Many how-to-spot-an-abuser advice pieces, including the one we wrote in 2014, will tell you to look at a person’s past. Be wary of a traumatic childhood, an abusive upbringing, a history of drug use or alcoholism, or a previous criminal record.
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However, one can argue—and rightly so—that plenty of individuals with those obstacles in their lives do not become abusers. Look at Roger Lockridge, a professional bodybuilder from West Virginia. He grew up with an abusive, alcoholic father who, one night, aimed a rifle at Lockridge, his mother and his siblings, threatening to kill them. He may have, too, if police didn’t intervene and help them get to a domestic violence shelter where Lockridge lived for several months.
But instead of heading down a similar path as his father, Lockridge became a spokesperson for Childhood Domestic Violence, got married, had two kids and is now an outspoken child advocate as well as a successful bodybuilder.
Do These Six Apply?
So, if the past is not a 100-percent reliable predictor of abusers, what is? Unfortunately, there’s no simple answer to that question.
“Wouldn’t it be great, of course, if we could predict in any super accurate way who will be abusive?” says Laura Finley, professor of sociology and criminology at Barry University in Miami, Fl. Finley provides domestic violence training for physicians and is editor of The Encyclopedia of Domestic Violence and Abuse.
But Finley does give credence to looking at a person’s present behavior over their past, which can sometimes be a more accurate indicator of what sort of tendencies—abusive or not—they’re prone to. Look for these six signs, for starters:
- Sexist jokes. If they’re demeaning verbally or in their behavior toward women, this is a red flag worth paying attention to, says Finley. This also includes sexist behavior and attitudes, objectifying women, implying women’s opinions are of less value, prioritizing a woman’s looks over any other attribute, trying to silence women when they speak or adhering to antiquated gender roles. Also, says Finley, look to how they treat other women in their life—mother, sisters, etc. Are they controlling?
- Bullying. Do they seem like a bully, talk about bullying others who have wronged them, or fixate on being the victim of bullying in a sense that they need to prove something now in their life?
- Male-Dominated Profession. Of course, this is not to say all men in male-dominated professions are abusers, but when it’s in addition to other red flags, it should be noted. This can include police officers, the military or pro-athletes. Male-dominated professions often bond around sexist rhetoric and male aggression. “It’s clearly something about the way society idolizes many of these men,” says Finley.
- Fast Mover. Does he talk about commitment right off the bat, tell you that you’re "the one" by the second date, bring up moving in together or getting married by Week 2? “I’ve seen that whirlwind a lot, working with survivors,” says Finley. You may think, “This person is super into me!” when in reality, an abuser will be trying to isolate you from friends and family. “If you really want to control someone, it’s much easier to do that without someone else in their life telling them it’s wrong,” she says.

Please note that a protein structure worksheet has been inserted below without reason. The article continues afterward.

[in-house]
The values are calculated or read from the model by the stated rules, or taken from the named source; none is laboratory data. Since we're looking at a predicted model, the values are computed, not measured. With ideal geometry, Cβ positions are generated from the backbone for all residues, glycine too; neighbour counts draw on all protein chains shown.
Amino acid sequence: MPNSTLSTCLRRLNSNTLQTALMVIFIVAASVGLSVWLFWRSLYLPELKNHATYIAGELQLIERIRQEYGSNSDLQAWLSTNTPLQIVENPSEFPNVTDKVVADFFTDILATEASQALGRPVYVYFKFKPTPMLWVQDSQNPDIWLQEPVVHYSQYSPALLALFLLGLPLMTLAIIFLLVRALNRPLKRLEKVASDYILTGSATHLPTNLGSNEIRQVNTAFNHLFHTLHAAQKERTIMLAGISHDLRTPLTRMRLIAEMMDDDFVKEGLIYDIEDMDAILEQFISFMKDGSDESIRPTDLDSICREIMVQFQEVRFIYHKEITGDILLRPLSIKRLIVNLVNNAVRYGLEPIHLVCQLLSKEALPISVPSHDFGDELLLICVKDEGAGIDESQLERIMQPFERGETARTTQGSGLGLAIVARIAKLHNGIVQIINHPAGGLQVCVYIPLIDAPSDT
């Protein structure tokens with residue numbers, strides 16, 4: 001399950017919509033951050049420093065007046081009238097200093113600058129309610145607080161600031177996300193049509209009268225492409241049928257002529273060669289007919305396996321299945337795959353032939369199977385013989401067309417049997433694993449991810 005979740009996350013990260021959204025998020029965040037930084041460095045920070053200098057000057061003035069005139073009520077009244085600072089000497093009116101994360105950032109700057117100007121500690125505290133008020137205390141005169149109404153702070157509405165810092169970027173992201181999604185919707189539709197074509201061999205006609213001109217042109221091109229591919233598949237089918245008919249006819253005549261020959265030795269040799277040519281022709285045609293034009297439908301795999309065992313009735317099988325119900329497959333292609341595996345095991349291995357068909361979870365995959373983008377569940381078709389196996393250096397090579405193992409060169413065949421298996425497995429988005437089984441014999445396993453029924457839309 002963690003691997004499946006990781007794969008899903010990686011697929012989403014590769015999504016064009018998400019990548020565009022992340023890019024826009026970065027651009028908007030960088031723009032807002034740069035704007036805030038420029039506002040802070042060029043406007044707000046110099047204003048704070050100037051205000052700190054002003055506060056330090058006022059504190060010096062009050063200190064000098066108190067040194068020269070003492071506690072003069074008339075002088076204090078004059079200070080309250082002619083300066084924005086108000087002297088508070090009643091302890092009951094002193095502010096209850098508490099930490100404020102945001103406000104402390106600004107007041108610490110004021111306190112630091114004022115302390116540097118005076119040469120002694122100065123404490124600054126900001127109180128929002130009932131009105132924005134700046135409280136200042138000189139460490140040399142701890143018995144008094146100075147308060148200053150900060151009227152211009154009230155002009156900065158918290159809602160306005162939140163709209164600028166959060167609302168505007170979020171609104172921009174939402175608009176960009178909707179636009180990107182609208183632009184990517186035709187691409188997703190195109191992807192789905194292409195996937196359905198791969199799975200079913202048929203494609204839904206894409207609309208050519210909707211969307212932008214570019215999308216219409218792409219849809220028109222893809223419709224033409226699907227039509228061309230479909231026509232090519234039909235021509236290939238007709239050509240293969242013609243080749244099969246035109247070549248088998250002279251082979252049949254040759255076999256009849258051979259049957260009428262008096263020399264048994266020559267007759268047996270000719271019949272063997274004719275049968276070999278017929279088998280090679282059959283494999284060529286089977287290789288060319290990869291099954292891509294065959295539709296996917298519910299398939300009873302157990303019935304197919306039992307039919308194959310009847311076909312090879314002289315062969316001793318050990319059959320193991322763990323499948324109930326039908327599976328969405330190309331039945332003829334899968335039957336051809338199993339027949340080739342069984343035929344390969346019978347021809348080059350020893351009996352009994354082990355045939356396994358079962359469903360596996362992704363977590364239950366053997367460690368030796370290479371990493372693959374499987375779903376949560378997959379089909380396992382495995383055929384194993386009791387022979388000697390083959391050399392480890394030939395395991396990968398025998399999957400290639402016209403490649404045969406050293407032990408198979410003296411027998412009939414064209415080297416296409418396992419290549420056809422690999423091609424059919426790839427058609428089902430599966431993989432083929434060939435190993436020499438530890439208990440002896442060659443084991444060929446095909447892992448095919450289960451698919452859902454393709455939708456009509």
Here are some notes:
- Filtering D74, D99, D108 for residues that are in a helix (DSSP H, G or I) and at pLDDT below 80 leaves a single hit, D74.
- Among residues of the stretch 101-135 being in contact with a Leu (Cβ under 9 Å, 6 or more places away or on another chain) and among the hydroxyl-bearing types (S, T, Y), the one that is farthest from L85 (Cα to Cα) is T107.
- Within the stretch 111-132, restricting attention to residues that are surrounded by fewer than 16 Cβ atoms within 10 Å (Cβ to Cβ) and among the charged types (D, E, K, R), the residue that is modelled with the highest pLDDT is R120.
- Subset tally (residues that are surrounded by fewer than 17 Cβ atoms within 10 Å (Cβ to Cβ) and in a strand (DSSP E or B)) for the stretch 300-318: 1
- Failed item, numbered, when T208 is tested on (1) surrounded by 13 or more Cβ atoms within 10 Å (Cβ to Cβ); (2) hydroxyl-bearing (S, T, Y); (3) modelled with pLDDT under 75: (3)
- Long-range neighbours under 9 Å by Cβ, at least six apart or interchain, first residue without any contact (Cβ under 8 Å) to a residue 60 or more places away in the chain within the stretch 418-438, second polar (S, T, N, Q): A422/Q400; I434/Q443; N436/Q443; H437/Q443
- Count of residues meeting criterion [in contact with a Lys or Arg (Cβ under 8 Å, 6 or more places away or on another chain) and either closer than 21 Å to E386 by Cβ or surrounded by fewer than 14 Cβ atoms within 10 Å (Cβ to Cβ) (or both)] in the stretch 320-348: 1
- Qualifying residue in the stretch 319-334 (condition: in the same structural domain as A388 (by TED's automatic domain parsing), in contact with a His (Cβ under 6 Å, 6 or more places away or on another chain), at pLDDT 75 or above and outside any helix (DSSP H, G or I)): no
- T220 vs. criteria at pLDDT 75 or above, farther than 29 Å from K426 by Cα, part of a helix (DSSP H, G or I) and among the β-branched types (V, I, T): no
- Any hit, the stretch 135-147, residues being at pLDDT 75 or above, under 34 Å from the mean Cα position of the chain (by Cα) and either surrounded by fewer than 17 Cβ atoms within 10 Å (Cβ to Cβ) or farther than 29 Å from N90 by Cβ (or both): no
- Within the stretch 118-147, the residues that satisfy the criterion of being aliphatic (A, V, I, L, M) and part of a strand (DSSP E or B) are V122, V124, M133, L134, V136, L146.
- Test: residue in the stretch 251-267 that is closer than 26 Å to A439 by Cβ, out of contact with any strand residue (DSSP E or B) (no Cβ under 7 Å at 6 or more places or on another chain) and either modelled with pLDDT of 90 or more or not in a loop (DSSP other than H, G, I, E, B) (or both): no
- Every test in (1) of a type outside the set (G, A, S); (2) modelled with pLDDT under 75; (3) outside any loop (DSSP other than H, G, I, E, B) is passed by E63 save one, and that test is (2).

- Owning a weapon. Again, this isn’t to say all gun-owners are abusers. But if you’re already seeing red flags with someone and they own a gun, be aware: The presence of a gun in domestic violence situations increases the risk of homicide for women by 500 percent. There may be a more sinister reason for owning a weapon than sport.
- Cruel to animals. A report from the American Society for Prevention of Cruelty to Animals said that abusers who harm their pets are “both more controlling and use more dangerous forms of violence than batterers who do not.” Does he have a dog and neglect it? Make jokes about harming small animals? These are warnings that shouldn’t go unheeded.
Control Can Be Subtle
While being on the lookout for these red flags is certainly proactive, it should also be noted that abusers are, as Finley puts it, “savvy at what they do.”
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“They try multiple tactics. When you’re in it, you can miss the early, more subtle signs of control,” she says. This might include an abuser telling a partner to only wear certain clothes “because those make you look good,” or getting upset when their partner doesn’t answer the phone each time they call because “I’m just worried about you.” These types of control might take a lot of repetition to sink in, especially when we all want to believe in the best version of someone when we first meet them.
Not Sure If It’s Abuse?
If you’re unsure about your new or current partner’s behavior, it’s always a smart idea to reach out to a trained domestic violence advocate who you can talk to about your questions, suspicions or fears. Their expertise may help you better understand if what’s going on points to danger.
Just a reminder: You can call an advocate just to chat, even if you don’t want to leave a partner, seek shelter or even give any specific or personal information. They can simply listen and give feedback.
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